I cannot believe that this is up for discussion. As a nurse, and especially as a psychiatric nurse, I can tell you stories from first hand experience–both my own and others on my team–of violence against nursing staff. I have even seen nursing staff killed by a patient. Why is it deemed okay to assault someone who is trying to help you? Why is it seen as “part of the job” to have your patient assault you with the intent to do major bodily harm to you? It doesn’t really matter if we are talking psychiatric or medical patients. Neither scenario is acceptable.
When the recent topic of the WWF fighter in the ER assaulting all those staff was being everywhere–online and on television, I really felt for the staff who had to deal with such an experience. I can only hope that the hospital got them some support and treatment–at no cost to them–for such a violent exposure in the workplace.
December 30, 2009 by Brandon Glenn
Rep. Denise Driehaus
COLUMBUS, Ohio — A state representative plans to introduce in early 2010 legislation that would increase the punishment for assaulting nurses in the workplace.
Rep. Denise Driehaus, D-Cincinnati, said she plans to introduce the legislation in January or early February, though many details remain to be worked out.
Last month, the newly elected president of the 8,800-member Ohio Nurses Association called the proposal the organization’s highest legislative priority in an interview with MedCity News.
Currently, the punishment for assaulting a nurse in the workplace ranges from a misdemeanor to a “lesser felony,” Driehaus said. The new proposal could reclassify the crime as a fourth-degree felony, though Driehaus said she has not yet decided on the level of punishment she’ll seek. Those convicted of fourth-degree felonies are subject to fines of up to $5,000 and prison terms of between six and 18 months, according to the Cleveland Law Library Association.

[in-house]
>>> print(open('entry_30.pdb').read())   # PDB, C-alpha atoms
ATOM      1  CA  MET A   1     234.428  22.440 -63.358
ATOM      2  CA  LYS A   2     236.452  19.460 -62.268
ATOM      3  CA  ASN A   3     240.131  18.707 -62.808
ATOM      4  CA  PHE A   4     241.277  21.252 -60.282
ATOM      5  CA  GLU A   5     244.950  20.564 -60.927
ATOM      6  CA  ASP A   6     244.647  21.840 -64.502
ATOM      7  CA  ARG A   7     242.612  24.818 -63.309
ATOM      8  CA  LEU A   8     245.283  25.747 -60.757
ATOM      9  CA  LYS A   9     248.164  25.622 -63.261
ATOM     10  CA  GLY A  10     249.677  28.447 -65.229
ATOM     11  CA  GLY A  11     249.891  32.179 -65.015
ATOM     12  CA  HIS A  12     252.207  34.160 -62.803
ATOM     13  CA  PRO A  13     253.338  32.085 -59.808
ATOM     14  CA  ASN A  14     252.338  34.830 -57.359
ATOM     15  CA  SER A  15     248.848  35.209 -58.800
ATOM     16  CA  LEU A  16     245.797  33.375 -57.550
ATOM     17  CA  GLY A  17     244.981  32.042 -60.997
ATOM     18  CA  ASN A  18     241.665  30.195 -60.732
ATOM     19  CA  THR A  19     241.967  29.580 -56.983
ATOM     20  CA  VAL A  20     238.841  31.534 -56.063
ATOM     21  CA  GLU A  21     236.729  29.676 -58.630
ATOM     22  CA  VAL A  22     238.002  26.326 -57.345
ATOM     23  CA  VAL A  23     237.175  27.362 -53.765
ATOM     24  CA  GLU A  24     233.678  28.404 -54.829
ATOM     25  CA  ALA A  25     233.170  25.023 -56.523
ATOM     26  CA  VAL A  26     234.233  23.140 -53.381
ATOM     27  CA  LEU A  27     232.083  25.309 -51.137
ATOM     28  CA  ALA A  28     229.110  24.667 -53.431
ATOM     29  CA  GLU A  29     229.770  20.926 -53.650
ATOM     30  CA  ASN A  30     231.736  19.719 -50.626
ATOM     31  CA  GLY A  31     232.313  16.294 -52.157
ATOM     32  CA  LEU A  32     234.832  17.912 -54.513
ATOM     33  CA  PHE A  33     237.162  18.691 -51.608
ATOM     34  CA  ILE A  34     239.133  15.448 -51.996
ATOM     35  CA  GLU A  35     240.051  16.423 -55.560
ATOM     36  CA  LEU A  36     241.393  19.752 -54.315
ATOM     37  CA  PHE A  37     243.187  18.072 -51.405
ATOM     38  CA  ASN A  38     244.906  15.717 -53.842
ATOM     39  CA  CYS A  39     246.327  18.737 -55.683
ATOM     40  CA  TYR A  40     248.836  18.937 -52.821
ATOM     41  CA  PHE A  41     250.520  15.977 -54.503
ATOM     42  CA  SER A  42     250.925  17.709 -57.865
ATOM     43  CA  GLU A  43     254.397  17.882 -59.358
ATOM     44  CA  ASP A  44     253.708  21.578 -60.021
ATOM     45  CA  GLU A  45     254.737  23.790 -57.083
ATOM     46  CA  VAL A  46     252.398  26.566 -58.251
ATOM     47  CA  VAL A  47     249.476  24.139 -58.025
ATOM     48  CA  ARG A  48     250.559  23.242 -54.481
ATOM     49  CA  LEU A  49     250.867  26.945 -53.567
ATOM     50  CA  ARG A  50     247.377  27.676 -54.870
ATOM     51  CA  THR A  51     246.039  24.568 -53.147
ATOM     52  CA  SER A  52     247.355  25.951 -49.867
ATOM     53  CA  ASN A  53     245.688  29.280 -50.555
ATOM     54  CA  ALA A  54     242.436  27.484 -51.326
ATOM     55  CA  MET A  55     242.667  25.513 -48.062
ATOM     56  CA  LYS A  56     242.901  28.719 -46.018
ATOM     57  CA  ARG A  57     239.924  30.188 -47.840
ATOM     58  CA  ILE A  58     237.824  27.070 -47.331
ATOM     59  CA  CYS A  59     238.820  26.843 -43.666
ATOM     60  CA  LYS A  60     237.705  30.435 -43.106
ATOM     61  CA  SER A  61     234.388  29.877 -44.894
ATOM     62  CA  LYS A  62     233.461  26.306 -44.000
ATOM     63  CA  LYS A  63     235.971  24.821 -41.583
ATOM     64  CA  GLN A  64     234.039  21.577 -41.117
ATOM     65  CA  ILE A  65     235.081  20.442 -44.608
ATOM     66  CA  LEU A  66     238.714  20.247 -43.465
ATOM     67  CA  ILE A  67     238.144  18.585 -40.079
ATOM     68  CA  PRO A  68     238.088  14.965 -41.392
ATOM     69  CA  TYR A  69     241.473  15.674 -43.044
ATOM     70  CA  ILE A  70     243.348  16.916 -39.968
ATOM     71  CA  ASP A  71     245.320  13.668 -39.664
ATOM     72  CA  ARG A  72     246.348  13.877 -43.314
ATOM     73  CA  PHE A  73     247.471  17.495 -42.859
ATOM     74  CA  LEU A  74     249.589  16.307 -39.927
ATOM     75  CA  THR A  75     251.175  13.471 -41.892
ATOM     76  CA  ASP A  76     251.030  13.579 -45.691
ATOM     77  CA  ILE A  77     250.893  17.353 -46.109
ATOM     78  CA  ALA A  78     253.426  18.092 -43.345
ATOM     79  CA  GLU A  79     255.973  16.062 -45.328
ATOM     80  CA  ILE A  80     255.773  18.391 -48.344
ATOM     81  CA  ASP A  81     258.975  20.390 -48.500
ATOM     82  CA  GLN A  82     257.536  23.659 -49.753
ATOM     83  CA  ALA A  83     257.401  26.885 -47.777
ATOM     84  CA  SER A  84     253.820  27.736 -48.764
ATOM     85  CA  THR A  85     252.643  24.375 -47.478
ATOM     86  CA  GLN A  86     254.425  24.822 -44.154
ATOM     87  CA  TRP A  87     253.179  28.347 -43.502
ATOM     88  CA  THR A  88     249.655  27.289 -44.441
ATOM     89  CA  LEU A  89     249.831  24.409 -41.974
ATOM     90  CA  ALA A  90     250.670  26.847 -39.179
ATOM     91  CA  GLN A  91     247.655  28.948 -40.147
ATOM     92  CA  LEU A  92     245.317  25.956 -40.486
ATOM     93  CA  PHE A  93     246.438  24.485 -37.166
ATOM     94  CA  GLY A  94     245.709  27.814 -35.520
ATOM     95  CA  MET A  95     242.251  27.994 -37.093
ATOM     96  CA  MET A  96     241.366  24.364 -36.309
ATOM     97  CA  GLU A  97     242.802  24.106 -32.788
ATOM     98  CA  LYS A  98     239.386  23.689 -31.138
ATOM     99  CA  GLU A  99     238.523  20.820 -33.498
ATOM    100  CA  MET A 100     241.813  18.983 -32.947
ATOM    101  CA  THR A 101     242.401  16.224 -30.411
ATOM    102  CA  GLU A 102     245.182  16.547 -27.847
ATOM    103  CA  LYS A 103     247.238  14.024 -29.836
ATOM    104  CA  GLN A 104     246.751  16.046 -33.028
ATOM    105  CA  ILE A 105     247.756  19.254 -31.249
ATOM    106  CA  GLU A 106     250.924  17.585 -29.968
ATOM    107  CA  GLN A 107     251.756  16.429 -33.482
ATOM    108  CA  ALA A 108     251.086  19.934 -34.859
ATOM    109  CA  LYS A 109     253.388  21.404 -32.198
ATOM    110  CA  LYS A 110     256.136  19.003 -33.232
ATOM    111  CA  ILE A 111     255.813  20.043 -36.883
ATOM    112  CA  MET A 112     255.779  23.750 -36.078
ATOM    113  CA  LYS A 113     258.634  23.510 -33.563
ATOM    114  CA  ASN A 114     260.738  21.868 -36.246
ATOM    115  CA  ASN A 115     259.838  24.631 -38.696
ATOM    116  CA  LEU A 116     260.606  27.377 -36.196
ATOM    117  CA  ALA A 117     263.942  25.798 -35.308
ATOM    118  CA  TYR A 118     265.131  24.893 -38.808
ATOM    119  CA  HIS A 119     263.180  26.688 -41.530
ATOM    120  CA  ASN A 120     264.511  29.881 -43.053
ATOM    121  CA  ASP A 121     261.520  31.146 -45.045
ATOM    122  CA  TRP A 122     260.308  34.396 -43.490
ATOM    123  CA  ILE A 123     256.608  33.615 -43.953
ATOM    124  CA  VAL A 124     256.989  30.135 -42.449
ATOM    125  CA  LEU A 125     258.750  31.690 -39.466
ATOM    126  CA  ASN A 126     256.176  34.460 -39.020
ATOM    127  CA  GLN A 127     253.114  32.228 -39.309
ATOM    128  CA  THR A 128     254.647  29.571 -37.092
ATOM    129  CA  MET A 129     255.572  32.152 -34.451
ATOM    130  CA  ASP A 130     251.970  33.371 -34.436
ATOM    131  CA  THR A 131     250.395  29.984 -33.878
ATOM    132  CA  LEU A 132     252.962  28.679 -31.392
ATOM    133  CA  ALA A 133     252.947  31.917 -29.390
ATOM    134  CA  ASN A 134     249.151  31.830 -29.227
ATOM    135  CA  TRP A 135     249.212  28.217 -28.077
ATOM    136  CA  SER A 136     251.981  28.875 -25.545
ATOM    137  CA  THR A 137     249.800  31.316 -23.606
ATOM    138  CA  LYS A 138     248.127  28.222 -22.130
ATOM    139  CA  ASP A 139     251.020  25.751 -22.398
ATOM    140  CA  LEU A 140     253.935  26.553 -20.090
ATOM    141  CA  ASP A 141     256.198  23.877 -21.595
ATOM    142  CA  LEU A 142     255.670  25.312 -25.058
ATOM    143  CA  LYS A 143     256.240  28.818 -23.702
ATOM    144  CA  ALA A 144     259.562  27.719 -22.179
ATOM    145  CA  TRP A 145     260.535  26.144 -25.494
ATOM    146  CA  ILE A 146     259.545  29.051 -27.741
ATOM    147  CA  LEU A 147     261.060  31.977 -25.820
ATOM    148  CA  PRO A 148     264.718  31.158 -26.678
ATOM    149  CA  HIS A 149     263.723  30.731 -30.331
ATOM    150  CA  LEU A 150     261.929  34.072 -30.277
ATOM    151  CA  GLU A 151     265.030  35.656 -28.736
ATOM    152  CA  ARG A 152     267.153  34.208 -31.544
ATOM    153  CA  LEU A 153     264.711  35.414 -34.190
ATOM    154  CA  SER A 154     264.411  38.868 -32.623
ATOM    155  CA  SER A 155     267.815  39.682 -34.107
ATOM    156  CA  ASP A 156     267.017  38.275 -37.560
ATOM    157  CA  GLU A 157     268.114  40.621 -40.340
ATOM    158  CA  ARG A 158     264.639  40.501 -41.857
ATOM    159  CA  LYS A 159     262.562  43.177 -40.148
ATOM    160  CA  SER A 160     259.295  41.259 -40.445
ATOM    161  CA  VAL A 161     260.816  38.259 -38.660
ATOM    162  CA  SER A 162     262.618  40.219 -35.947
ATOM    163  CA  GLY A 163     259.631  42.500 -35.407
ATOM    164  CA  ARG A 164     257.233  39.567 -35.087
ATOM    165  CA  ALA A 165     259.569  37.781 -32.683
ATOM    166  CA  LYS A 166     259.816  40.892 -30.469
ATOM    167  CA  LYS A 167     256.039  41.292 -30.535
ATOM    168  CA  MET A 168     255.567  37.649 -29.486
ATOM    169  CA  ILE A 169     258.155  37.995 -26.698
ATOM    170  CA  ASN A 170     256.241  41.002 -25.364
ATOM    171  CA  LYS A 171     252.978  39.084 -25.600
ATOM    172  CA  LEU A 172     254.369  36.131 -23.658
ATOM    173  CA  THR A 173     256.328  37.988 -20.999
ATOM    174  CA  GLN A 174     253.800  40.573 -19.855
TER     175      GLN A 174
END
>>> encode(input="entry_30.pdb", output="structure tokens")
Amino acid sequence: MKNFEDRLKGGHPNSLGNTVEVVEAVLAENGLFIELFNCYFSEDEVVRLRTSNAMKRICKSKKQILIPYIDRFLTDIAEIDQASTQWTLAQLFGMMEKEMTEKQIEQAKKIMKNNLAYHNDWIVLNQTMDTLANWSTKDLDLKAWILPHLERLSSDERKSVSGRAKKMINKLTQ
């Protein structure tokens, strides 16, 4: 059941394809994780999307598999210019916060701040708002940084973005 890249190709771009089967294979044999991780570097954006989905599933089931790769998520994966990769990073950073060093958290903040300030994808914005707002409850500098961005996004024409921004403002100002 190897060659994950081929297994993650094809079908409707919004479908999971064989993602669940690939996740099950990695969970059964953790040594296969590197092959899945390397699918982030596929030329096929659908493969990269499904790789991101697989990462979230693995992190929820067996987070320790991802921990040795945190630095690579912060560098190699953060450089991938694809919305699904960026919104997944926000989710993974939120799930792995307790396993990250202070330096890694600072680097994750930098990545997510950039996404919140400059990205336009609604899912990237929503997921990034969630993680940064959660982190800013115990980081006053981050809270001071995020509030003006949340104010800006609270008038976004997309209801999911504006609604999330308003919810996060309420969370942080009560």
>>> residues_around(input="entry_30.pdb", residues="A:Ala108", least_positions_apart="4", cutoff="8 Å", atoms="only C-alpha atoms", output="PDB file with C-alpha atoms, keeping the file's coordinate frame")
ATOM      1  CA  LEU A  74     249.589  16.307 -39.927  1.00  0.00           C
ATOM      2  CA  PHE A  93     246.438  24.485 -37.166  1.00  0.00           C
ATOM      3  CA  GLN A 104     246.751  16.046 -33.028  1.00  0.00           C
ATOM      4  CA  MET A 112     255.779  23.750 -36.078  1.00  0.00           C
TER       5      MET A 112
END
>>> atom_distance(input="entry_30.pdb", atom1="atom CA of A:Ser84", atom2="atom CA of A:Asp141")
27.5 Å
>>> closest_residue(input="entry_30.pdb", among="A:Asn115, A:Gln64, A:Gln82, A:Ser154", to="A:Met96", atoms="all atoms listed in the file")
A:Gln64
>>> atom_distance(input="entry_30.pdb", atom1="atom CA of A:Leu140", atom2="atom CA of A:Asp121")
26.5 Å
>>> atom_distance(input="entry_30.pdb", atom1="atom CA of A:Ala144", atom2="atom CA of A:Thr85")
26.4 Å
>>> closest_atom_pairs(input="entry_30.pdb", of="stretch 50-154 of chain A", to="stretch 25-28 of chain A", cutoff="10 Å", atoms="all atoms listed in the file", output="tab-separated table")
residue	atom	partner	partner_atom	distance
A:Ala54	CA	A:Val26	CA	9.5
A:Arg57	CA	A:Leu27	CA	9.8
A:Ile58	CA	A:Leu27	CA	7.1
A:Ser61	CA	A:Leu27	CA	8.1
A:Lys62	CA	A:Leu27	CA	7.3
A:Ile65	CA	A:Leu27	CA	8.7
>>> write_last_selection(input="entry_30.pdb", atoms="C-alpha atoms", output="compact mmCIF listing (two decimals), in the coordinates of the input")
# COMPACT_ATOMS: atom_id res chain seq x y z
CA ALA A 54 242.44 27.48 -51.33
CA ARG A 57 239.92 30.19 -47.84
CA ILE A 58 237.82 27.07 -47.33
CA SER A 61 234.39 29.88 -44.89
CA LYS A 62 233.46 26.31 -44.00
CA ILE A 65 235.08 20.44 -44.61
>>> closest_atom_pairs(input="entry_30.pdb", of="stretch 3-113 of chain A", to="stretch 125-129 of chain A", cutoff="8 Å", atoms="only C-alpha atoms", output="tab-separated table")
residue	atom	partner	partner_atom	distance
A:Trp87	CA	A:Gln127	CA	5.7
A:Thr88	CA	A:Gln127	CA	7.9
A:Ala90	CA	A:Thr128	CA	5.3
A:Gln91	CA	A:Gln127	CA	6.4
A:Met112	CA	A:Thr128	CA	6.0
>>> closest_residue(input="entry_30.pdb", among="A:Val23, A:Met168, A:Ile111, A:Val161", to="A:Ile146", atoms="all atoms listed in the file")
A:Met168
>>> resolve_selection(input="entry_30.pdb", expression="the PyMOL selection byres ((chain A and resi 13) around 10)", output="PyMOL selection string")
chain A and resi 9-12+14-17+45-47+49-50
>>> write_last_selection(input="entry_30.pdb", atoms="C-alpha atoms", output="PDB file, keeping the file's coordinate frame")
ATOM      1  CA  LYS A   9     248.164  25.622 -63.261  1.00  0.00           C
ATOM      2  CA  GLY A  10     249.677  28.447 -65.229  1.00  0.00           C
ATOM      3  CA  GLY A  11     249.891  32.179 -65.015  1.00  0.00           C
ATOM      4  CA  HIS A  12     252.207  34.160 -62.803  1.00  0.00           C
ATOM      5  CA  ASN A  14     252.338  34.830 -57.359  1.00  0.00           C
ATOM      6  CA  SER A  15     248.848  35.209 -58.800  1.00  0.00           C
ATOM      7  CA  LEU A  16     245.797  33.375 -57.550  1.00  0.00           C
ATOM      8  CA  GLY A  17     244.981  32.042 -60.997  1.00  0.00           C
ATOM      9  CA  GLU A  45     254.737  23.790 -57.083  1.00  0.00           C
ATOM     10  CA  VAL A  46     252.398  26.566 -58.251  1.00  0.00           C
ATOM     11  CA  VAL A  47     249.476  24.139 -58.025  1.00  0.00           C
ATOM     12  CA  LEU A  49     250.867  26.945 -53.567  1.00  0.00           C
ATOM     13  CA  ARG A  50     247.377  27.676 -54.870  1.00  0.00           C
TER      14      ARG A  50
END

It’s unclear how much of a problem workplace violence against nurses in Ohio actually is. Neither Driehaus nor the Ohio Nurses Association were aware of any statistics on the matter. Also unclear is how many states have passed laws that deal specifically with workplace violence against nurses. Massachusetts lawmakers proposed a law earlier this year making such crimes punishable by a fine of up to $5,000 and jail time up to two-and-half years, or both, the Gloucester Times reported.
Adam Sachs of the American Nurses Association did not respond to multiple requests for comment.
Regardless, Driehaus said the law would act as a deterrent. “Not only is it about the increased penalty, it also means something to [the Ohio Nurses Association] that it protects them,” she said.
A 2004 study in the Online Journal of Issues in Nursing called workplace violence “one of the most complex and dangerous occupational hazards facing nurses.” The study said that stems in part from a culture in the health industry that is “resistant to the notion” that providers are at-risk for violence at the hands of patients.
Driehaus said she’s still considering whether to propose the legislation as its own separate bill, or tack it on as an amendment to House Bill 265, which she sponsored. That bill seeks to impose the same criminal penalties for assaulting a resident participating in a uniformed police volunteer program as are imposed for assaulting a peace officer.
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